An odd choice for number one, I know. Not the funniest, not the best made, but definitely the most important. Like a surprisingly high amount of American political comedy, this owes its existence to The Daily Show. When Jon Stewart took a break from the show in 2013 to make Rosewater, he handed the show over to John Oliver, who filled the role admirably. That’s not an easy role to fill, as anybody who has been on the comments section of the facebook page of the show since Trevor Noah took over can attest (for the record, I think he’s doing an excellent job). John Oliver’s stint was so successful HBO offered him a series. Unlike the Daily Show this only has one episode a week, so isn’t really suited for extremely topical stuff. But what this does mean is the areas they do focus on, they REALLY focus on, aiming for them like US Military planes aim for terrorist training camps, only unlike the military, this show usually hits what it’s aiming for. Whether he’s creating Jeff The Diseased Lung in a segment on tobacco companies, or starting Our Lady Of Perpetual Exemption to show how televangelists should by all rights be told to go f*ck themselves with that knife-penis from Seven, this show constantly creates amazing segments which are perfect for sharing on social media. His reaction to the terrorist attacks in Paris last year was particularly fantastic, basically telling ISIS “if you gigantic arseholes are hoping to win a war of culture with France, good fucking luck”. To me, a personal highlight will alway be his war of words with former FIFA vice president Jack Warner, which led to the corrupt former executive to respond, calling him a “comedian fool” in a really badly made video. It’s weird, you’d think a guy who (allegedly) diverted relief funds from a Haiti earthquake appeal, and illegally sold black market tickets (not allegedly, this definitely happened, and he was punished for this million dollar making fraud by being made to pay back $250,000) would have enough money to make sure his videos were of a better production quality.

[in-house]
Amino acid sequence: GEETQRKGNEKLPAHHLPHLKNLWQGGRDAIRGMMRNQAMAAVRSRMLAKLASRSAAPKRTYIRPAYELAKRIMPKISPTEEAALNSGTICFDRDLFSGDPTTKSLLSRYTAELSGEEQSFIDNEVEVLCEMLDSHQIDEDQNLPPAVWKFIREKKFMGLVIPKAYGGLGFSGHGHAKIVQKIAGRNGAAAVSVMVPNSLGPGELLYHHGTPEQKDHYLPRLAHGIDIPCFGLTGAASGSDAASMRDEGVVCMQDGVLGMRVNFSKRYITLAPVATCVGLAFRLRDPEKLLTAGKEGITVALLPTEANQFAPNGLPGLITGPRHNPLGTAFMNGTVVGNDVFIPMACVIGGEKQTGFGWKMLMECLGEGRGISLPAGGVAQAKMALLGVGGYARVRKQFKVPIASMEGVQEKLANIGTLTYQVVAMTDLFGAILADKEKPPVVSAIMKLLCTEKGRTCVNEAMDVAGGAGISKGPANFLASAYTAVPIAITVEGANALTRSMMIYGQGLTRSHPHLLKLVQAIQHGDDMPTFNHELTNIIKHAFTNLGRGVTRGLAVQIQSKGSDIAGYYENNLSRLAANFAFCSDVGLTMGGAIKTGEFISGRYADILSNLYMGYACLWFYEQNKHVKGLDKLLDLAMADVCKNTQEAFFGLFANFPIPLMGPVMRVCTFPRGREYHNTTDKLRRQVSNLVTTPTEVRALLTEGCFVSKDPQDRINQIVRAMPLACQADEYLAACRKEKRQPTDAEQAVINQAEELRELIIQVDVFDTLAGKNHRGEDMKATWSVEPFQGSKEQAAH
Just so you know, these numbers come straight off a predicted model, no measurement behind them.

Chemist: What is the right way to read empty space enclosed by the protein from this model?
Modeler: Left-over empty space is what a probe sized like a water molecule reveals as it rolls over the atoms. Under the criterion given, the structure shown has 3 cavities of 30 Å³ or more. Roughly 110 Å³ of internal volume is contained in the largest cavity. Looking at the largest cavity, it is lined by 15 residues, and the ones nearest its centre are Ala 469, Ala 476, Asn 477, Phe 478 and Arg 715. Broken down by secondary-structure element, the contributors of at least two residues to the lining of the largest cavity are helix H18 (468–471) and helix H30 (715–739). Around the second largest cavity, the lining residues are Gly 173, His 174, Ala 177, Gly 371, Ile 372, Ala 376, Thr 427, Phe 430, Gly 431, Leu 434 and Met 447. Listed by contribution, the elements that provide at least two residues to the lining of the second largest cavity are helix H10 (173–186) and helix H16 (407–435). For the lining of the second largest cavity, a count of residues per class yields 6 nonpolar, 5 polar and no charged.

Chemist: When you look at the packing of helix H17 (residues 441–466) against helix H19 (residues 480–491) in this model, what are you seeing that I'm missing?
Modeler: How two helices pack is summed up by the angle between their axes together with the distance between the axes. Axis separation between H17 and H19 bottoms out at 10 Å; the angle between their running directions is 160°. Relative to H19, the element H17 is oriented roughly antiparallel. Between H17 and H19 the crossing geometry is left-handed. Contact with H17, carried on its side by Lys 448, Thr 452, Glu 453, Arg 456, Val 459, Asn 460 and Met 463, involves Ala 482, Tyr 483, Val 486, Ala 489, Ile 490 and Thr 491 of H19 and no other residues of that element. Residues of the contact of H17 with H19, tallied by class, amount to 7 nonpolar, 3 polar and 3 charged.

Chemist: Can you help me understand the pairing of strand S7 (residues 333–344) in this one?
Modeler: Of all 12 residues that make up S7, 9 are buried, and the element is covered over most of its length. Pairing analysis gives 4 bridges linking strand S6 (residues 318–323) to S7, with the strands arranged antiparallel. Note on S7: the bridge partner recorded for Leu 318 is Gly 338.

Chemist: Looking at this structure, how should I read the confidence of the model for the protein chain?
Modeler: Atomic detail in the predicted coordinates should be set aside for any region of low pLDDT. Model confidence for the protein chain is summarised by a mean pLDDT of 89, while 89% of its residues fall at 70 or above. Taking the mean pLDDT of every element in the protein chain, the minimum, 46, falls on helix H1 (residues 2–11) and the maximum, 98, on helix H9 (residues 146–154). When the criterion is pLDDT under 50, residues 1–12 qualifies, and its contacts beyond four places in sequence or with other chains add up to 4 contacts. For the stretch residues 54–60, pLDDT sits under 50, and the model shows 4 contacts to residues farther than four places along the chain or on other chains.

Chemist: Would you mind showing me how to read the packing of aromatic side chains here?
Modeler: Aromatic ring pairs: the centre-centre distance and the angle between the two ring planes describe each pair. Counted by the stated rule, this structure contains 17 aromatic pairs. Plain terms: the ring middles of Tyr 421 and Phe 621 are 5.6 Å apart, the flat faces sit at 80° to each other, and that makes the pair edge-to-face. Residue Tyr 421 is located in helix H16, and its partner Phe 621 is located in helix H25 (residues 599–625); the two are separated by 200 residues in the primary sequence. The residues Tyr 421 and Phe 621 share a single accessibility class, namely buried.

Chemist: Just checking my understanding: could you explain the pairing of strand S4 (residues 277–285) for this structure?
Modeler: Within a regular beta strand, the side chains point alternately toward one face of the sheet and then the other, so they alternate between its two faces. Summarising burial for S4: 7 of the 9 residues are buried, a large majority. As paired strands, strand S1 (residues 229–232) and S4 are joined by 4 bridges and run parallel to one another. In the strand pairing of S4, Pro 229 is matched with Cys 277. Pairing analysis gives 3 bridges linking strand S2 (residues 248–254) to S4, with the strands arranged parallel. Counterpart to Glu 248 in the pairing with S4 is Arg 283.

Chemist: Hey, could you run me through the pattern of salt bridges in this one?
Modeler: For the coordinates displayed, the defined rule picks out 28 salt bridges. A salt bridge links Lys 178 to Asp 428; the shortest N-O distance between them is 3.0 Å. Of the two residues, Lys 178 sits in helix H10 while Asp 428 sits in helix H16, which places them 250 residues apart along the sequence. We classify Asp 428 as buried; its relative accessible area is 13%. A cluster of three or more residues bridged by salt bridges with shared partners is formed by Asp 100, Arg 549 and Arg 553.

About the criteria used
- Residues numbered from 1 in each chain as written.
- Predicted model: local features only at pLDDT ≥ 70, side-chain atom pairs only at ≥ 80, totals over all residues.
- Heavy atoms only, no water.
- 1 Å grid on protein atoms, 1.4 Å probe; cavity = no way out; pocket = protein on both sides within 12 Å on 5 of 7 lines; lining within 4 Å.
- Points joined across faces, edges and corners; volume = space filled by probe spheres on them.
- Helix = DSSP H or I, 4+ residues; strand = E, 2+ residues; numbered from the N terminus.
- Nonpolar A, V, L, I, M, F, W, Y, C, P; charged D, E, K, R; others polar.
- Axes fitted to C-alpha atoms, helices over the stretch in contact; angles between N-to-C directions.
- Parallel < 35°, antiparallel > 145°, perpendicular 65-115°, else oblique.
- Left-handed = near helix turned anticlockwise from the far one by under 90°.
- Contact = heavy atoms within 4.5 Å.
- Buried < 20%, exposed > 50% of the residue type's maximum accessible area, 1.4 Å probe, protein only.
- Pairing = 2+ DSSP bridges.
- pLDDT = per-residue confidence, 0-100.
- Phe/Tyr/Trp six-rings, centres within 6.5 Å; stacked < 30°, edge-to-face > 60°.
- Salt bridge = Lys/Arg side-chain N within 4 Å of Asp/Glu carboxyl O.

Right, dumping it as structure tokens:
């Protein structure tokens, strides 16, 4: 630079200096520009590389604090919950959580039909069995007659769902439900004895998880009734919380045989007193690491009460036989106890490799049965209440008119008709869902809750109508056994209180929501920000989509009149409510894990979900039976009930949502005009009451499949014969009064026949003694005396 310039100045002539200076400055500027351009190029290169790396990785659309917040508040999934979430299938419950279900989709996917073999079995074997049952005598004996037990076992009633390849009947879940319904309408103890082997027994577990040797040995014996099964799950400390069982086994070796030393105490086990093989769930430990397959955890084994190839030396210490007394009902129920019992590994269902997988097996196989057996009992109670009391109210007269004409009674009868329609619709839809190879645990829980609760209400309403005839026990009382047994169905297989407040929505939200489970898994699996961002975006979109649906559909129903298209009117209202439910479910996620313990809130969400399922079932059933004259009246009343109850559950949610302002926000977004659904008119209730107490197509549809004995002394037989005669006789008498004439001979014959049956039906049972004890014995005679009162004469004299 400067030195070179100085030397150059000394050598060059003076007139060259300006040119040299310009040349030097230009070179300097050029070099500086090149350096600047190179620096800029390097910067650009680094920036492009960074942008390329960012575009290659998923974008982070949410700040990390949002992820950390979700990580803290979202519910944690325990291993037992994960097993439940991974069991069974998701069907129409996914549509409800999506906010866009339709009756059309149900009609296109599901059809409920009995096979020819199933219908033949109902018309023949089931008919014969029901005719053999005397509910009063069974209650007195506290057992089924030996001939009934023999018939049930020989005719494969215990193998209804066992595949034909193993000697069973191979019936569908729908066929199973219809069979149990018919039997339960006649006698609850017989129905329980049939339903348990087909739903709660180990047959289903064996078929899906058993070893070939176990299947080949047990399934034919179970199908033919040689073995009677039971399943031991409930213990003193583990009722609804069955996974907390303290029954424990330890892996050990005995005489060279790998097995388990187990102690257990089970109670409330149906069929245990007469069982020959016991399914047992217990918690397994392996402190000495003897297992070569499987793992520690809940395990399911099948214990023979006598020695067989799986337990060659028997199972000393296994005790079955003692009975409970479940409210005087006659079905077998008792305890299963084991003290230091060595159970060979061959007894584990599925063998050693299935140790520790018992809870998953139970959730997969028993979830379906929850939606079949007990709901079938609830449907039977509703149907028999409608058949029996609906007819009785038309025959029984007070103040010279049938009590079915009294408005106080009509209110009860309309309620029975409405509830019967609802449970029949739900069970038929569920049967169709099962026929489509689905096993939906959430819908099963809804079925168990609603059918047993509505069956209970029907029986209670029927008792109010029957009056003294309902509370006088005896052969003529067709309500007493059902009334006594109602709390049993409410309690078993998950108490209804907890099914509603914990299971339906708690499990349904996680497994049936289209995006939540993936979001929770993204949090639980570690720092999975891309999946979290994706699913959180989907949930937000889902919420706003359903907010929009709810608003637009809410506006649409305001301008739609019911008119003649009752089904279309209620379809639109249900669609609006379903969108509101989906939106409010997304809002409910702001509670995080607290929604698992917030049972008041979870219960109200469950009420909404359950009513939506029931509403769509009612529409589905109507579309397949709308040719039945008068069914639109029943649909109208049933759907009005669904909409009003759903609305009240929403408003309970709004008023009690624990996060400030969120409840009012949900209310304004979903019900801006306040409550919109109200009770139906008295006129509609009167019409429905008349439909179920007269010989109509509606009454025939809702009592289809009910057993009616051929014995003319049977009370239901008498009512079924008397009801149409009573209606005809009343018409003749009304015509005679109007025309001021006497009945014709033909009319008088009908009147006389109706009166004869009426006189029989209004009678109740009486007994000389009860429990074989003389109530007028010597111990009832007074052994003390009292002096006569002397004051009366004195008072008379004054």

2015 was a weird time for television. Channels were still attempting to figure out how to adapt to a new digital commercial model. But despite people proclaiming that television is (or will soon be) dead, it seems like a new dawn of television is coming. Thanks to netflix (specifically Breaking Bad and its ilk) people are taking episodic dramas more seriously.
But going to start with political comedy. Two major shifts happened in the American political comedy landscape this year. After The Colbert Report ended last year, Comedy Central needed a new show to fill the gap and partner The Daily Show, and it happened with The Nightly Show With Larry Wilmore. Something very different from both Colbert and Daily Show . It had an odd start but soon defined itself as something truly funny. It was oddly helped by something truly awful: Bill Cosby.